Nepal | December 08, 2019

Sale of artificially ripened mangoes rampant in valley

Himalayan News Service

Kathmandu, July 30

The fruit markets in the capital are doing brisk business, as they especially do during the season of mangoes. But the mangoes that are available in the market are artificially ripened with the use of harmful chemicals such as calcium carbide. Doctors say many people who consume such mangoes are facing health issues.

Ten-year-old Astha ate a mango bought from the marketplace and her lips got swollen after a few minutes.

Likewise, one of the medical officers at Sukraraj Tropical and Infectious Disease Hospital, Teku, felt dizziness after eating a mango, which she had bought from the fruit market.

In the same way, six members of the same family visited Teku Hospital complaining of skin allergy. After investigation, doctors found that the reason behind the allergy was a chemical used for ripening the mangoes that they had eaten.

Dr Sher Bahadur Pun, coordinator of Clinical Research Unit at Teku Hospital, said that one small boy of the family, who had not eaten the mango due to the foul smell, did not complain of any allergy.

“I have heard about health problems caused by consuming artificially ripened mangoes in India. But now the problem is being seen even in Nepal,” he added.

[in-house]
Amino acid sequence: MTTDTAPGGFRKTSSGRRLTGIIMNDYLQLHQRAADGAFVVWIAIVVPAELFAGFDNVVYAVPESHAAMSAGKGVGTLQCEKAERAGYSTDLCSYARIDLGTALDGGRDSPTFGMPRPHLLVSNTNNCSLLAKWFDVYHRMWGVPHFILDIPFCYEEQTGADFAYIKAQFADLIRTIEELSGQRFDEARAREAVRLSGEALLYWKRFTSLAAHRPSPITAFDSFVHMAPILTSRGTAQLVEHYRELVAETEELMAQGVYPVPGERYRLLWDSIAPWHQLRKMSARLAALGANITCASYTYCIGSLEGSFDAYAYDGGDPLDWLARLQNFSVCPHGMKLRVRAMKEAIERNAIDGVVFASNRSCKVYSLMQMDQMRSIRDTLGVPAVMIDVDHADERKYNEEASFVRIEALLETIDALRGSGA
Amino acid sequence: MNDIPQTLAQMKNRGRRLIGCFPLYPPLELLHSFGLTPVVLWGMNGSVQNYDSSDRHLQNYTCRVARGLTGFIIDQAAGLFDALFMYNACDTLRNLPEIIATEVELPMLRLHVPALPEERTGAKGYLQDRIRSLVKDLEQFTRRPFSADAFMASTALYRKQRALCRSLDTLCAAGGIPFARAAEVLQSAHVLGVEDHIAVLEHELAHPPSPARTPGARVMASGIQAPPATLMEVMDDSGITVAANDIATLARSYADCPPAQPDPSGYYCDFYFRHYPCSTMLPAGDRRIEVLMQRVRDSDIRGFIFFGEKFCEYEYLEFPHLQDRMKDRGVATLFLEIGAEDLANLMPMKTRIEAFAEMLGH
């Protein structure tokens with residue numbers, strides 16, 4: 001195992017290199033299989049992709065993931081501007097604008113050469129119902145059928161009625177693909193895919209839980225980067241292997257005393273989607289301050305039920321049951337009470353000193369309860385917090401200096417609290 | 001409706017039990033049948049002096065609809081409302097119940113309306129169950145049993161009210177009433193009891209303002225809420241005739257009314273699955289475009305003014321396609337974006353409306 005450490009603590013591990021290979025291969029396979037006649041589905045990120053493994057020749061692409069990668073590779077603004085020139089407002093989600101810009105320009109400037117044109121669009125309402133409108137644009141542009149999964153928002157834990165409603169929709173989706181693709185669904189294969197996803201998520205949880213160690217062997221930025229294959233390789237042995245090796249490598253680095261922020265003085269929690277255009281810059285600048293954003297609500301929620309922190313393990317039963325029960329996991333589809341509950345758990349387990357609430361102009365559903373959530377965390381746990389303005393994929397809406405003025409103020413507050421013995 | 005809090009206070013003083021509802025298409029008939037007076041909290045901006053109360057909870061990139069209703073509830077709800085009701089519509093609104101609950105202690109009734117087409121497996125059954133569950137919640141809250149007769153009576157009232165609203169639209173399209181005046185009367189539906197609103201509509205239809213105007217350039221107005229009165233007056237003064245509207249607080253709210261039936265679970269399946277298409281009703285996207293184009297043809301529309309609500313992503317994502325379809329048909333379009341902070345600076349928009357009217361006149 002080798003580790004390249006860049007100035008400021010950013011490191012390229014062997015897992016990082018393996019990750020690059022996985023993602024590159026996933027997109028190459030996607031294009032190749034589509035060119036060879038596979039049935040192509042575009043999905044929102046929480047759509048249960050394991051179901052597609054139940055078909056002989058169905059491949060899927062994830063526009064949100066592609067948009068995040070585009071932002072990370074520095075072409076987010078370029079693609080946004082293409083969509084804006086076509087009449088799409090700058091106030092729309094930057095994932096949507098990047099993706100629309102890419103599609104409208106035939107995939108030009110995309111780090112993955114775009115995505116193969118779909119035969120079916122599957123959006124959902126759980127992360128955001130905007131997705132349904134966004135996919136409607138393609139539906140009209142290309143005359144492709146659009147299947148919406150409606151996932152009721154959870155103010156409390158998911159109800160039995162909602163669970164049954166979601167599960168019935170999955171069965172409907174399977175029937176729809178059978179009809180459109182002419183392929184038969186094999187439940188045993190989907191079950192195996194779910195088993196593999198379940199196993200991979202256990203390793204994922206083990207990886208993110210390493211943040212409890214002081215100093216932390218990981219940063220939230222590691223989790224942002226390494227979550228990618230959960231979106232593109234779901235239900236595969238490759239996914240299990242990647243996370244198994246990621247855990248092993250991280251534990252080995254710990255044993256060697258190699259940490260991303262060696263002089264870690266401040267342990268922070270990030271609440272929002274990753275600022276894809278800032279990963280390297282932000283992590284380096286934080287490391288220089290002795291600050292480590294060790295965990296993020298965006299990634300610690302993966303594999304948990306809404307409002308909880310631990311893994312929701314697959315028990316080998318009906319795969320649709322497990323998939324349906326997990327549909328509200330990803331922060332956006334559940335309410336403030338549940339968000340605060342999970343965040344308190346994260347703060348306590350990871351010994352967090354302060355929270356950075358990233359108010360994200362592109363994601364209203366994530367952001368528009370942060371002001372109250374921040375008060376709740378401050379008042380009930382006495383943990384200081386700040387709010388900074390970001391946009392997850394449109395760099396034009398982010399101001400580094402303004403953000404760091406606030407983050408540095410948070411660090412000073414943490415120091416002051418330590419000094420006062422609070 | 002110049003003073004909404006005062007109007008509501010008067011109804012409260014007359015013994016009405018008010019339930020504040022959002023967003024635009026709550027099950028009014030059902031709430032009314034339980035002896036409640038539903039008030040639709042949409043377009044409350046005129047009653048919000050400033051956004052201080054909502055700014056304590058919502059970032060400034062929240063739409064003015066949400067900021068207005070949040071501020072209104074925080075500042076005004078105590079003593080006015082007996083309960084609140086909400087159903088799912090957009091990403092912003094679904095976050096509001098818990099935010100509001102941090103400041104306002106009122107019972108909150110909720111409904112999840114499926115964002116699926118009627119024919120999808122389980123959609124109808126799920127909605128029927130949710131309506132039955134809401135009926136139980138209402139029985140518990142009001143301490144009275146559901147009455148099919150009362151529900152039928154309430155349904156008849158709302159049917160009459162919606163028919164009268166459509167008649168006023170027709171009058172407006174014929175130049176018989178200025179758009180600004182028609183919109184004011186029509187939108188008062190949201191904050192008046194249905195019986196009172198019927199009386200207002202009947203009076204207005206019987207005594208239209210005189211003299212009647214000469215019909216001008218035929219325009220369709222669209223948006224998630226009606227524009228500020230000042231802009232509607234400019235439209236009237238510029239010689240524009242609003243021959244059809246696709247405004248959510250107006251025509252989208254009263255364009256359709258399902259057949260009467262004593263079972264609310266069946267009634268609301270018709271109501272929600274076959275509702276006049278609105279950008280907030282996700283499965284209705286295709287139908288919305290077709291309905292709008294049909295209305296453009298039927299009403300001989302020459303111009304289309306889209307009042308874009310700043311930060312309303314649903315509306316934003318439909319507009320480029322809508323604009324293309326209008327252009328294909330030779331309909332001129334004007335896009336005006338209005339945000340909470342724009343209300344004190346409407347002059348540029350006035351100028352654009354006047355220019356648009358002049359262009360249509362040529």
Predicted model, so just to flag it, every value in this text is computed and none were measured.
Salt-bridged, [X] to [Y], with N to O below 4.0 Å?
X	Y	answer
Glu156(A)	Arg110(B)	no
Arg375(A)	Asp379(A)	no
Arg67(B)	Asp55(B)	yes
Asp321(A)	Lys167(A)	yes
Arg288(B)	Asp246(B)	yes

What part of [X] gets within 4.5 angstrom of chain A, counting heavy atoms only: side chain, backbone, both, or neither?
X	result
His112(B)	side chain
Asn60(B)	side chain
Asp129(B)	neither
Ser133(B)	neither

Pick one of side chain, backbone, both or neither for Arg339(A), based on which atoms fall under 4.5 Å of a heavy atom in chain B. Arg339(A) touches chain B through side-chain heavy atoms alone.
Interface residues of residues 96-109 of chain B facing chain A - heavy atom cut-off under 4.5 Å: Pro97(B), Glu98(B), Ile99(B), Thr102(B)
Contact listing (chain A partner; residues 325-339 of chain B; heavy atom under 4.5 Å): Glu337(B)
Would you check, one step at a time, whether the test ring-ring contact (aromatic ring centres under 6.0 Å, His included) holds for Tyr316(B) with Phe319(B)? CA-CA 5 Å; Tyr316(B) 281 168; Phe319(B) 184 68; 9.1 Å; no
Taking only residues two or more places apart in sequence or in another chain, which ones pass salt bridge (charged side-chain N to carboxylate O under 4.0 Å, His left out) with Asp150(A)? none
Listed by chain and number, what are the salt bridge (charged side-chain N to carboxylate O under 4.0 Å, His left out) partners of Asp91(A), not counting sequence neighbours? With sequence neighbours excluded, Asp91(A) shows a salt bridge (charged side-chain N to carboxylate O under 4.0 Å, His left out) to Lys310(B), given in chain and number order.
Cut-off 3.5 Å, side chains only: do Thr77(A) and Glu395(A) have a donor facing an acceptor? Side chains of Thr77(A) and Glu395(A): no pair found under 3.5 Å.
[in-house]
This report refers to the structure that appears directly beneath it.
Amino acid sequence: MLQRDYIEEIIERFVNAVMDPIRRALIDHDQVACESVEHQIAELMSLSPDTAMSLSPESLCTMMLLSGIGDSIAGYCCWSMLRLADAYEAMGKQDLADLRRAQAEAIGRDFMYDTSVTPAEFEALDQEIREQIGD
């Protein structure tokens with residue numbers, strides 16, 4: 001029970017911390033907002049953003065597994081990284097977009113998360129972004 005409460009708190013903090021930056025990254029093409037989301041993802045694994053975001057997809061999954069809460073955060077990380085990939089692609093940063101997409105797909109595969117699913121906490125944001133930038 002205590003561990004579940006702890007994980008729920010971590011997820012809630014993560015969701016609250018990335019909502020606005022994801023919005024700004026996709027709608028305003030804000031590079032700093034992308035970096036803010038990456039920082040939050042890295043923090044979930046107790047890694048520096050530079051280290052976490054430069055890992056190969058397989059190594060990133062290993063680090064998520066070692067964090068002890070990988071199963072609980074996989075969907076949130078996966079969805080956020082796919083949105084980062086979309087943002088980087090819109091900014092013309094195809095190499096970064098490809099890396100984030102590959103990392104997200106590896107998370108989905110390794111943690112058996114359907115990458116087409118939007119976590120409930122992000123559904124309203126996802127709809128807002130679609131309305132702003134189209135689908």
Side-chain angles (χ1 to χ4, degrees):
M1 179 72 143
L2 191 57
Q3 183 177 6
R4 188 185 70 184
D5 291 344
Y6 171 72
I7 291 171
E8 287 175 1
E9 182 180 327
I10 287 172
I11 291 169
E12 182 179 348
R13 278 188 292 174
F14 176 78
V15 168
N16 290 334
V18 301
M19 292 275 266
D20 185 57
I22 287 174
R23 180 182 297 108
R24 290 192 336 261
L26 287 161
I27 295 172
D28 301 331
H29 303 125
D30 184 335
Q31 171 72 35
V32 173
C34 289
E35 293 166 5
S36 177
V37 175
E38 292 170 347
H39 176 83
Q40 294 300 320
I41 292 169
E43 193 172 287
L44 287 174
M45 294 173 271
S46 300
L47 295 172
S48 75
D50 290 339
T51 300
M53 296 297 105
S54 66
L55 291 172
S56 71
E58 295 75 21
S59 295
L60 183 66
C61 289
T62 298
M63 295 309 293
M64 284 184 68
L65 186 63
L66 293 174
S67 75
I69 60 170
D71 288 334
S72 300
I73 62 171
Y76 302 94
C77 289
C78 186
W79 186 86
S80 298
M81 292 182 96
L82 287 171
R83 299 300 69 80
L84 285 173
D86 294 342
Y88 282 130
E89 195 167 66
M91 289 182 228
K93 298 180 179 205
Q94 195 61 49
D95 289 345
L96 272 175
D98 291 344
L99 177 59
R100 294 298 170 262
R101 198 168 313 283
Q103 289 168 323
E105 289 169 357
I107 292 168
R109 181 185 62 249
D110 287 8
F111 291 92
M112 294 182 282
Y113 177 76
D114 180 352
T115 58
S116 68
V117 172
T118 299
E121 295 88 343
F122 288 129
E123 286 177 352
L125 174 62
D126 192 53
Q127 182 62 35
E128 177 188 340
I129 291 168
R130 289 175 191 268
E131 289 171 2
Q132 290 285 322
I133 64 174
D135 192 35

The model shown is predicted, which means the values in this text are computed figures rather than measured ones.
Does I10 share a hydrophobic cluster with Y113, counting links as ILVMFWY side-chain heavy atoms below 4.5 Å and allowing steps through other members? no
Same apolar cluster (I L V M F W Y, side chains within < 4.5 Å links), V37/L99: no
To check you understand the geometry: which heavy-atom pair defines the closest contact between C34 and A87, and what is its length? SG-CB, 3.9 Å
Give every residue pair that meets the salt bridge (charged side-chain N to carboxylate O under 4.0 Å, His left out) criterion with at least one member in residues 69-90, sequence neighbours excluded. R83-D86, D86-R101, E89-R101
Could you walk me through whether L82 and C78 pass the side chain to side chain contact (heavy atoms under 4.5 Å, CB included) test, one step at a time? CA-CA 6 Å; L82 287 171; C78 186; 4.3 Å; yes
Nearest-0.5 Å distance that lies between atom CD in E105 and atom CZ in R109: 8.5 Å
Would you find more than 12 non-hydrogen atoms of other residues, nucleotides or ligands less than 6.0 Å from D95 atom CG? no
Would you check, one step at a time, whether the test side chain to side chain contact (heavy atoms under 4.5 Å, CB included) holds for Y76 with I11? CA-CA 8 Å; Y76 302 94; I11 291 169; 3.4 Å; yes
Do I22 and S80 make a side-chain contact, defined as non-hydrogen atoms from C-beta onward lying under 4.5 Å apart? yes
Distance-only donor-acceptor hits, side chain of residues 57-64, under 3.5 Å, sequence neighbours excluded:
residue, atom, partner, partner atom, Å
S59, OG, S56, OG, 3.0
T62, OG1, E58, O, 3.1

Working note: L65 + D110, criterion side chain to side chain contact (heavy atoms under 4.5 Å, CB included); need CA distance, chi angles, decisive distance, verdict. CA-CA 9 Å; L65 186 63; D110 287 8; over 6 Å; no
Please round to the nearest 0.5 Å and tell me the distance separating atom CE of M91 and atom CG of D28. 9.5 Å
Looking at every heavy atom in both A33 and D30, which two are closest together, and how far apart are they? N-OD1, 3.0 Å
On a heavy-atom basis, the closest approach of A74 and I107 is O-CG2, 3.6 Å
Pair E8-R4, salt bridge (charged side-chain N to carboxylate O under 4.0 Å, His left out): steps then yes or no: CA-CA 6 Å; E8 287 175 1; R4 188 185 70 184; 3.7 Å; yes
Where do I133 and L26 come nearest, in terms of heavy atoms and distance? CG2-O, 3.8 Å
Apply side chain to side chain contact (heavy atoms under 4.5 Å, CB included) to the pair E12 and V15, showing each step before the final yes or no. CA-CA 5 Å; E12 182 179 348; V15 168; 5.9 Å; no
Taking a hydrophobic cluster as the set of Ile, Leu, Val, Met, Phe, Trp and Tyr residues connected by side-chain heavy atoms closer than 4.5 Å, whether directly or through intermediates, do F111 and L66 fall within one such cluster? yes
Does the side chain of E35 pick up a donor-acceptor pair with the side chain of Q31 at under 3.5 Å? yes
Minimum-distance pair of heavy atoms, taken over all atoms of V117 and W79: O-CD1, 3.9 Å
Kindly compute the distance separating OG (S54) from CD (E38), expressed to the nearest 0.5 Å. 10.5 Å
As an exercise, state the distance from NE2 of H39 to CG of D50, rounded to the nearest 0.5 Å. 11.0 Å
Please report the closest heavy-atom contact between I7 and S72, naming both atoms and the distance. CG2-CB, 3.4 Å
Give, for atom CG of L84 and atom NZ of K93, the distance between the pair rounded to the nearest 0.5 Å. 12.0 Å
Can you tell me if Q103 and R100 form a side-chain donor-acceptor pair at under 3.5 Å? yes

Nearly 10 people visited the hospital with complaints of a severe allergic reaction, dizziness, swelling of lips, tongue, eyes and face.

In the same way, Bed Prasad Regmi, manager director at BP Health Clinic informed that within a week, five patients visited his clinic with complaints of red spots on the face and body, soft stool, severe allergic reaction, wheezing, dizziness, weakness, swelling of the lips, tongue, eyes and face.

“Due to excessive use of calcium carbide in mangoes, people are suffering from such illnesses and  the cases might increase if the government does not stop the sale of such mangoes in the market,” said Dr Pun.

According to the Department of Food and Technology and Quality Control Spokesperson Purna Chandra Wasti, it is the responsibility of the department to inspect the chemicals used in fruits.

“Using calcium carbide to ripen fruits is prohibited by the law. Calcium carbide, once dissolved in water, produces acetylene gas. Acetylene acts as an asphyxiant and may affect the neurological system by inducing prolonged hypoxia. This leads to headache, dizziness, mood disturbances, memory loss and seizures,” he said, adding that consumption fruits with such chemicals on a regular basis might lead to cancer.


A version of this article appears in print on July 31, 2018 of The Himalayan Times.


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